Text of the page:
"Our strengths in manufacturing and export are backed up by our ability to develop world-class training and research institutes. The National Institute of Fashion Technology has a network of sixteen professionally managed campuses. It has been playing a crucial role in benchmarking performance and processes in the areas of fashion education, research and development, training and consultancy. 
 
"In the last few years we have witnessed a very healthy competition amongst States to attract investment and industries in their respective States. As a result, there have been some major reforms that have taken place in States. Each State in its own way has tried to facilitate the establishment of new industries including textiles. I think, the time has now come for us to concentrate on textile exports in a big way. 
 
"India is a country with diverse culture, fashion and traditions. This diversity is clearly reflected in the clothing present in different regions. We should catalogue and map our clothing diversity and clearly earmark strengths and specialties of each state or region. Each State should appoint nodal officers dedicated to a few well-known products, who would facilitate producers and traders across the value chain. The intervention should start from production to export of garments. It should meet the specific requirements of domestic as well as export markets," he said.
 
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The Prime Minister underlined the need to formulate an action plan to study and map the requirements of people in large global markets and monitor new trends in fashion and textiles in these areas on a real time basis. "Government Councils and Industry Bodies should rise to the occasion, in a spirit of cooperation. This would enable us to channelize our energies in meeting those requirements and give a boost to our exports," he said.
 
"Innovation and research are new mantras for growth and wealth generation. The textile industry will have to constantly innovate and research for growth and to tap new markets. For example, physiques may be larger in some parts of the world. This may require clothing of greater width than the normal size used in our country. For this, you may need to increase the width of the loom. Elsewhere, requirements may be different. Such attention to detail is necessary to attain leadership in export markets.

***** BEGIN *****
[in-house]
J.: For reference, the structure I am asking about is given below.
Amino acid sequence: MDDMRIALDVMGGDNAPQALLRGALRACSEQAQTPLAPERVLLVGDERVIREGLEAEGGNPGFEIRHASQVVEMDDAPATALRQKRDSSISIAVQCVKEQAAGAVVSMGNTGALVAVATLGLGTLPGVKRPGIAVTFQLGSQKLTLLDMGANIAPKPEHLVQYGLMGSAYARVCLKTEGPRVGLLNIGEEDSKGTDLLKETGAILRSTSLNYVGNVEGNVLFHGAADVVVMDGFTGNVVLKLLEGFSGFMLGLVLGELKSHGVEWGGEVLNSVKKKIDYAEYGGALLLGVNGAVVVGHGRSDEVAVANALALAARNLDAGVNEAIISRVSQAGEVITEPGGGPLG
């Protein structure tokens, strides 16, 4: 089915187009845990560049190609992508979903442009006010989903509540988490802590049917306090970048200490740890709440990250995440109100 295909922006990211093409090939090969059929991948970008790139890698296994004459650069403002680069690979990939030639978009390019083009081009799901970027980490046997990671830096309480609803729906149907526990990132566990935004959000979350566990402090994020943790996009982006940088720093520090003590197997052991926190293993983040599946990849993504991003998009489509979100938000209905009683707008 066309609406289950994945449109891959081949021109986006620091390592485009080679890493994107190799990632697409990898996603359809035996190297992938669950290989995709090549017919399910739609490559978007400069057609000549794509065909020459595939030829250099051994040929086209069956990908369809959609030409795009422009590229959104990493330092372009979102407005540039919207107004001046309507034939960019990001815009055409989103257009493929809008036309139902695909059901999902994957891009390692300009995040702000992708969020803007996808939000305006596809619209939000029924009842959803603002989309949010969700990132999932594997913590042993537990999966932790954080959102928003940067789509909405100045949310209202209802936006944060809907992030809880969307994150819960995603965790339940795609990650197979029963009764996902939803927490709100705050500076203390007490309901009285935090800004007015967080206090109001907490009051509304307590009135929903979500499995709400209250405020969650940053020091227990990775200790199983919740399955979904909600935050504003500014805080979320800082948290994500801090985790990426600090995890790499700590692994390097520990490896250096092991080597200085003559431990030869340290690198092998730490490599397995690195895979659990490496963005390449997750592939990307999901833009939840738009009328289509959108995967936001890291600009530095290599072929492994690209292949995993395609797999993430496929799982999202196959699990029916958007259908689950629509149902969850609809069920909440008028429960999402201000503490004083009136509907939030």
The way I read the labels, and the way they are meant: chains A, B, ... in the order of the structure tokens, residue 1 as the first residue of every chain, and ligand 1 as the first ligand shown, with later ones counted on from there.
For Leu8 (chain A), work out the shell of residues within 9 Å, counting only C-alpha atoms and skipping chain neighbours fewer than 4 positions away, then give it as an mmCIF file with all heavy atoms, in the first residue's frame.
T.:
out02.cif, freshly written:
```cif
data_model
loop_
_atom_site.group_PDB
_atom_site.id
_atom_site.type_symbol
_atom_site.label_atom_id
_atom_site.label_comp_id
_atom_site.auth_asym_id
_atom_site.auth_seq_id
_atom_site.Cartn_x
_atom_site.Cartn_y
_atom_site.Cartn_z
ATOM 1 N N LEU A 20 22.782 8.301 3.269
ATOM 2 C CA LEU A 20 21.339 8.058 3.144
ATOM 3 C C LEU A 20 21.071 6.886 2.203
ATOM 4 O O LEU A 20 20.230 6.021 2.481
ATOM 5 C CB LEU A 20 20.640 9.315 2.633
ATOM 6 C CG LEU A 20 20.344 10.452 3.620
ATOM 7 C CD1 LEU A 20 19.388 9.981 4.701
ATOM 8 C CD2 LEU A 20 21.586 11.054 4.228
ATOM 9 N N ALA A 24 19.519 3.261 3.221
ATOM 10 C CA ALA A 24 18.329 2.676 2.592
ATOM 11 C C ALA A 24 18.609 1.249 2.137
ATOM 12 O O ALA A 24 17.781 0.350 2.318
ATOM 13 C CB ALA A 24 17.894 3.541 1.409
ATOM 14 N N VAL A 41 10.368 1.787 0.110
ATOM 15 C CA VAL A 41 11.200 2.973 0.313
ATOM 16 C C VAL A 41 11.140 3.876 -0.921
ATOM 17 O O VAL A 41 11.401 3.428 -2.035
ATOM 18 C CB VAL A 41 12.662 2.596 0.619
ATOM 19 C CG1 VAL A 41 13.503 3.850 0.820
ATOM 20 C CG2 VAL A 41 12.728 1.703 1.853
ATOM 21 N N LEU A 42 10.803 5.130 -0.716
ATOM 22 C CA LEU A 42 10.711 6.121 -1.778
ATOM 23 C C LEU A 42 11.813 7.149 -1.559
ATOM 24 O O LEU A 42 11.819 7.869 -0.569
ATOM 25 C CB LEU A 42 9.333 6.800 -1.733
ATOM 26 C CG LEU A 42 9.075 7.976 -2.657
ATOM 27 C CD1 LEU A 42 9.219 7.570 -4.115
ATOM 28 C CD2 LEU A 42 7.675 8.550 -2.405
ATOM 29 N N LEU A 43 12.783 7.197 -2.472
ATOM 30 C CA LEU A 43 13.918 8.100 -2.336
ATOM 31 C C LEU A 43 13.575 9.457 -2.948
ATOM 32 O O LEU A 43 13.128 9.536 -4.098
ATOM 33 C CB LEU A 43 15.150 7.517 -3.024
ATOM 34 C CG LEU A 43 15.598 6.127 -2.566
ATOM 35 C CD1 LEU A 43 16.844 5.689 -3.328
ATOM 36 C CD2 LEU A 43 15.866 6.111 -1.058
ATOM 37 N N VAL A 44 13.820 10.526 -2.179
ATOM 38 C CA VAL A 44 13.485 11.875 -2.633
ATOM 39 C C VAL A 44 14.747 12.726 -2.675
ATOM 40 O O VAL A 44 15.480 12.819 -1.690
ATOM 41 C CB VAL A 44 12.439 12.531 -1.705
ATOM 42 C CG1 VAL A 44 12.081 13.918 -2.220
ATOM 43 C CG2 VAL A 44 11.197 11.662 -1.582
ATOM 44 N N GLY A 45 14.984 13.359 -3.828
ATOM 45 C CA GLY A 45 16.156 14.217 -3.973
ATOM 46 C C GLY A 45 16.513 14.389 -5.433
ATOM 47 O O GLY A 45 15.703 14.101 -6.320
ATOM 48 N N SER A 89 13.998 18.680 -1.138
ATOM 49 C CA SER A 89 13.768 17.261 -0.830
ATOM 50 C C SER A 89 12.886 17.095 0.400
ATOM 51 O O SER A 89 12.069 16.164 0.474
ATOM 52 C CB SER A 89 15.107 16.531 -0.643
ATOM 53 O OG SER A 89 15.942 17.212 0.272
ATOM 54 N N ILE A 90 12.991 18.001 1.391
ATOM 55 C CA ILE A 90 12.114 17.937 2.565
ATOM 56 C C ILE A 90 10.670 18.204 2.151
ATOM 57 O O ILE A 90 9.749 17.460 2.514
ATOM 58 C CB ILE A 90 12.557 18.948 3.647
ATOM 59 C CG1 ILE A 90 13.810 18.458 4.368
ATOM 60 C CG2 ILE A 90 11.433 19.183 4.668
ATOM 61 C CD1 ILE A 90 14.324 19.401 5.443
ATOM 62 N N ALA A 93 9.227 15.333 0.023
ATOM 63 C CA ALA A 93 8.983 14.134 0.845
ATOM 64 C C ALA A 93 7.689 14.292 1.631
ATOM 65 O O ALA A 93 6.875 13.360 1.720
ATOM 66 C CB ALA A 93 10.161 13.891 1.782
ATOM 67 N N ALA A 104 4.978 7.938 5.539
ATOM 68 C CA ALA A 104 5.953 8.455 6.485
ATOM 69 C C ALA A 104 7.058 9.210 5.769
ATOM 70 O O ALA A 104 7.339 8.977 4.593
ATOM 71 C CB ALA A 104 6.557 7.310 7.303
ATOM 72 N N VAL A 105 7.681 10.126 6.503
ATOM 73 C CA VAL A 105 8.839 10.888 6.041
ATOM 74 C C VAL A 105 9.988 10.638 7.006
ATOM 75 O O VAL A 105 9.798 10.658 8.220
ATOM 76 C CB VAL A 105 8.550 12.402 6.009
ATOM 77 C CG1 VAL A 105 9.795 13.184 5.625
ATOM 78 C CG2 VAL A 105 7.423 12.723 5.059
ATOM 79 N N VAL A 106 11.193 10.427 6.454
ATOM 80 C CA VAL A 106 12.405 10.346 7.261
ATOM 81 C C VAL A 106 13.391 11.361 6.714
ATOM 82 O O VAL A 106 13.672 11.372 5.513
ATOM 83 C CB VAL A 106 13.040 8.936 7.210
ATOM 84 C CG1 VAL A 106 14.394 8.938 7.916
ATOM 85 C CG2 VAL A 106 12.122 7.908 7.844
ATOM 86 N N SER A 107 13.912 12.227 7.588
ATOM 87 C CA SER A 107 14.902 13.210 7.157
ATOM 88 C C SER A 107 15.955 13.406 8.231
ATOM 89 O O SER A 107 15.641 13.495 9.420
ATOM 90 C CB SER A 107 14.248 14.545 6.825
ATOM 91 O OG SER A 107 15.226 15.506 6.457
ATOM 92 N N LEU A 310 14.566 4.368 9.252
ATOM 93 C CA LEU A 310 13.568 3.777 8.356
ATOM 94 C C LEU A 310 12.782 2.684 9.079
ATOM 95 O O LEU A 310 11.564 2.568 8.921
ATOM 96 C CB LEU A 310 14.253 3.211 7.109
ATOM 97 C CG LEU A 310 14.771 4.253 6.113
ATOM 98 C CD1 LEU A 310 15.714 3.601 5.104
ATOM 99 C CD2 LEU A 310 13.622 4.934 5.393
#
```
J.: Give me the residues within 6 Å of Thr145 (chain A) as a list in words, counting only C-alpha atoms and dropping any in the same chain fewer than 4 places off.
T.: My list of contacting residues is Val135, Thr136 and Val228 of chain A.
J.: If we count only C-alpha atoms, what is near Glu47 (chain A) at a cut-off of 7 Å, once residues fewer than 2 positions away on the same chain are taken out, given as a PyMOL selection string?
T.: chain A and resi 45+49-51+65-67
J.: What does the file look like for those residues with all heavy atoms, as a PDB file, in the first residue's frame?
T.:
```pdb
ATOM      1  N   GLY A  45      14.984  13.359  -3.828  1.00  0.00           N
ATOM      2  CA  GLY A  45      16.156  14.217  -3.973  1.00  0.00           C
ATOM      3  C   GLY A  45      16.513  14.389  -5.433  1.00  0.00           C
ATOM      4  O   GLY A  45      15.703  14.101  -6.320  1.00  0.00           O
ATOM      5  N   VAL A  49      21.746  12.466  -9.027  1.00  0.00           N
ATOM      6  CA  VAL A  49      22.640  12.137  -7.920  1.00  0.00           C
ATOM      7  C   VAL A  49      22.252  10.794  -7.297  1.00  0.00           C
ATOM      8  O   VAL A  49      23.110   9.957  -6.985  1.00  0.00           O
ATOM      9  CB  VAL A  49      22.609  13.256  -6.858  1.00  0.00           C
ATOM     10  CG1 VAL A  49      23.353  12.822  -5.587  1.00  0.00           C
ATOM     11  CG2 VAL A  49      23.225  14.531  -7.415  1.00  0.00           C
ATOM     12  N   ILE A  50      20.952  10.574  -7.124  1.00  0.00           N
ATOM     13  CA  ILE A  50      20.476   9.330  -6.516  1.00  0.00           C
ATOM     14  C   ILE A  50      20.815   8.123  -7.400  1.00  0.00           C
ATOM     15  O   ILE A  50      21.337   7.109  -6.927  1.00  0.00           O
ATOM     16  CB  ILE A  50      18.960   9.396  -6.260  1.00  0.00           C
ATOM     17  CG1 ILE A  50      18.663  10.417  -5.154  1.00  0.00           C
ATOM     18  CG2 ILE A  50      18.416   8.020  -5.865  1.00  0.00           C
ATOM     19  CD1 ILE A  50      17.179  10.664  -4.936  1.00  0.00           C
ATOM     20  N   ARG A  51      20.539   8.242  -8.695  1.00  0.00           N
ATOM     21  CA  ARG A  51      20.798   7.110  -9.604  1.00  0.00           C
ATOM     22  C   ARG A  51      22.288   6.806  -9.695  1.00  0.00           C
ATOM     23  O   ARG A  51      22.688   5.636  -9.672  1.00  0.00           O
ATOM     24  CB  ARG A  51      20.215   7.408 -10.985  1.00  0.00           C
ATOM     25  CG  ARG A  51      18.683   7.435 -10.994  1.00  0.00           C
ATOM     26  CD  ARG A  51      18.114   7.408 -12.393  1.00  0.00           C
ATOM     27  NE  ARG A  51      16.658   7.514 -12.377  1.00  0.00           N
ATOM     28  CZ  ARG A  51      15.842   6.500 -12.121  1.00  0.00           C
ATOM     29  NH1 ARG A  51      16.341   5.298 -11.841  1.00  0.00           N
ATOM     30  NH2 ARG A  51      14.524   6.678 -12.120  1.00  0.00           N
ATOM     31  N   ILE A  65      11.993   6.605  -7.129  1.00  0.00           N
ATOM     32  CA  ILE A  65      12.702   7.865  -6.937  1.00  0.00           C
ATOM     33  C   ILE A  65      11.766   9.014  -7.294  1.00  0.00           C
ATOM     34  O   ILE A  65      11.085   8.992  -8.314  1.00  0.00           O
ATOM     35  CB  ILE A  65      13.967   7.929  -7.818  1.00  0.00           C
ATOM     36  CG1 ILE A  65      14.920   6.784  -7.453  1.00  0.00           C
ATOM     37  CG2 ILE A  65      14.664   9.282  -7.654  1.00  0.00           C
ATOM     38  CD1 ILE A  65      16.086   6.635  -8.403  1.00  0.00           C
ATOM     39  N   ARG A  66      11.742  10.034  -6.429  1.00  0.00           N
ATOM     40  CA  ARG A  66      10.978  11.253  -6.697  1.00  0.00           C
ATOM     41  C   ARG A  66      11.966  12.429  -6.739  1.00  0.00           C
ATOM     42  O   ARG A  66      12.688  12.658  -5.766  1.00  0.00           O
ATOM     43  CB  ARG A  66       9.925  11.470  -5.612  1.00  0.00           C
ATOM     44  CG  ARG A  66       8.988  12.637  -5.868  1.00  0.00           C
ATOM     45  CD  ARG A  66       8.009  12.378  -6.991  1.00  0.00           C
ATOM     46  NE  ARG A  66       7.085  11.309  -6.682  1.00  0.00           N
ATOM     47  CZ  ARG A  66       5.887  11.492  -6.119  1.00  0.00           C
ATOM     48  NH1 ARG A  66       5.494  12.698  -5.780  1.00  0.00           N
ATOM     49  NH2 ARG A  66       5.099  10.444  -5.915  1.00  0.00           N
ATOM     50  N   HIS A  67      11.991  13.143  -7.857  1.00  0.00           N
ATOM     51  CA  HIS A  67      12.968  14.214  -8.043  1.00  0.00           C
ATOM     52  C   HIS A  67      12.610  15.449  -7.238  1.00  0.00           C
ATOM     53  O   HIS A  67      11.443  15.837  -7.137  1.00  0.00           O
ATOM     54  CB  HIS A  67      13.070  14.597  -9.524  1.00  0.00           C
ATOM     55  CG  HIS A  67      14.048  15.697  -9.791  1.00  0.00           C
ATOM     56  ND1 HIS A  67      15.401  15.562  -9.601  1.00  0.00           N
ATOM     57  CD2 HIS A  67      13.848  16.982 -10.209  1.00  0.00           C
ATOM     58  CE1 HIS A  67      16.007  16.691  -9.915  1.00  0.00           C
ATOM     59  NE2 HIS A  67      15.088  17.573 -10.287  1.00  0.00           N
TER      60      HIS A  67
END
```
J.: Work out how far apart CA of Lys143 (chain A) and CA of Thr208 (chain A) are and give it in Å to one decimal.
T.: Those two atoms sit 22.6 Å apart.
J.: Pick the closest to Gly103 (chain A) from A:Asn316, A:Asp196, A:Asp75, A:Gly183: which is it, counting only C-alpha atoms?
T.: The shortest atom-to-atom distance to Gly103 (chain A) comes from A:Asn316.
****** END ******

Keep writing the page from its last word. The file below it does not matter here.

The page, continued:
"Today, there is a demand for products with zero carbon footprint. Holistic lifestyle has become a buzzword. The market for Organic Dyes, clothes and fabrics made of organic products is growing. Our effort should be to innovate in organic products. 
 
"Apart from cotton and jute, we already have fabrics made of banana and bamboo fibres. There is a niche market for such products. Thus, there is a need for further research by our institutions like National Institute of Fashion Technology and Scientific and Industrial Research institutes to develop fabrics from other sources," he said.
 
"Our integrated textile clusters are compliant to global standards of environment and health safety. Textile producing States also have pro-industry policies in place, to facilitate the required infrastructure for investments in textiles," he said. 
 
Textiles Minister Smriti Irani said participants from 106 countries, 15,000 Indian buyes and sellers, 2,500 international buyers, artistans and weavers are participating in the exhibition.
 
Those present on the occasion included Gujarat Governor O. P. Kohli, Gujarat Chief Minister Vijay Rupani, Andhra Pradesh Chief Minister N. Chandrababu Naidu, and Ministers and senior officials from several states.
 
Also present were US Polo Association President David Cummings, UK-India Business Council CEO Richard Heald, Arvind Mills Managing Director Sanjay Lalbhai, Raymond Managing Director Gautam Hari Singhania, Aditya Birla Group Chairman Kumar Mangalam Birla and Korea Federation of Textile Industries Chairman Kihak Sung.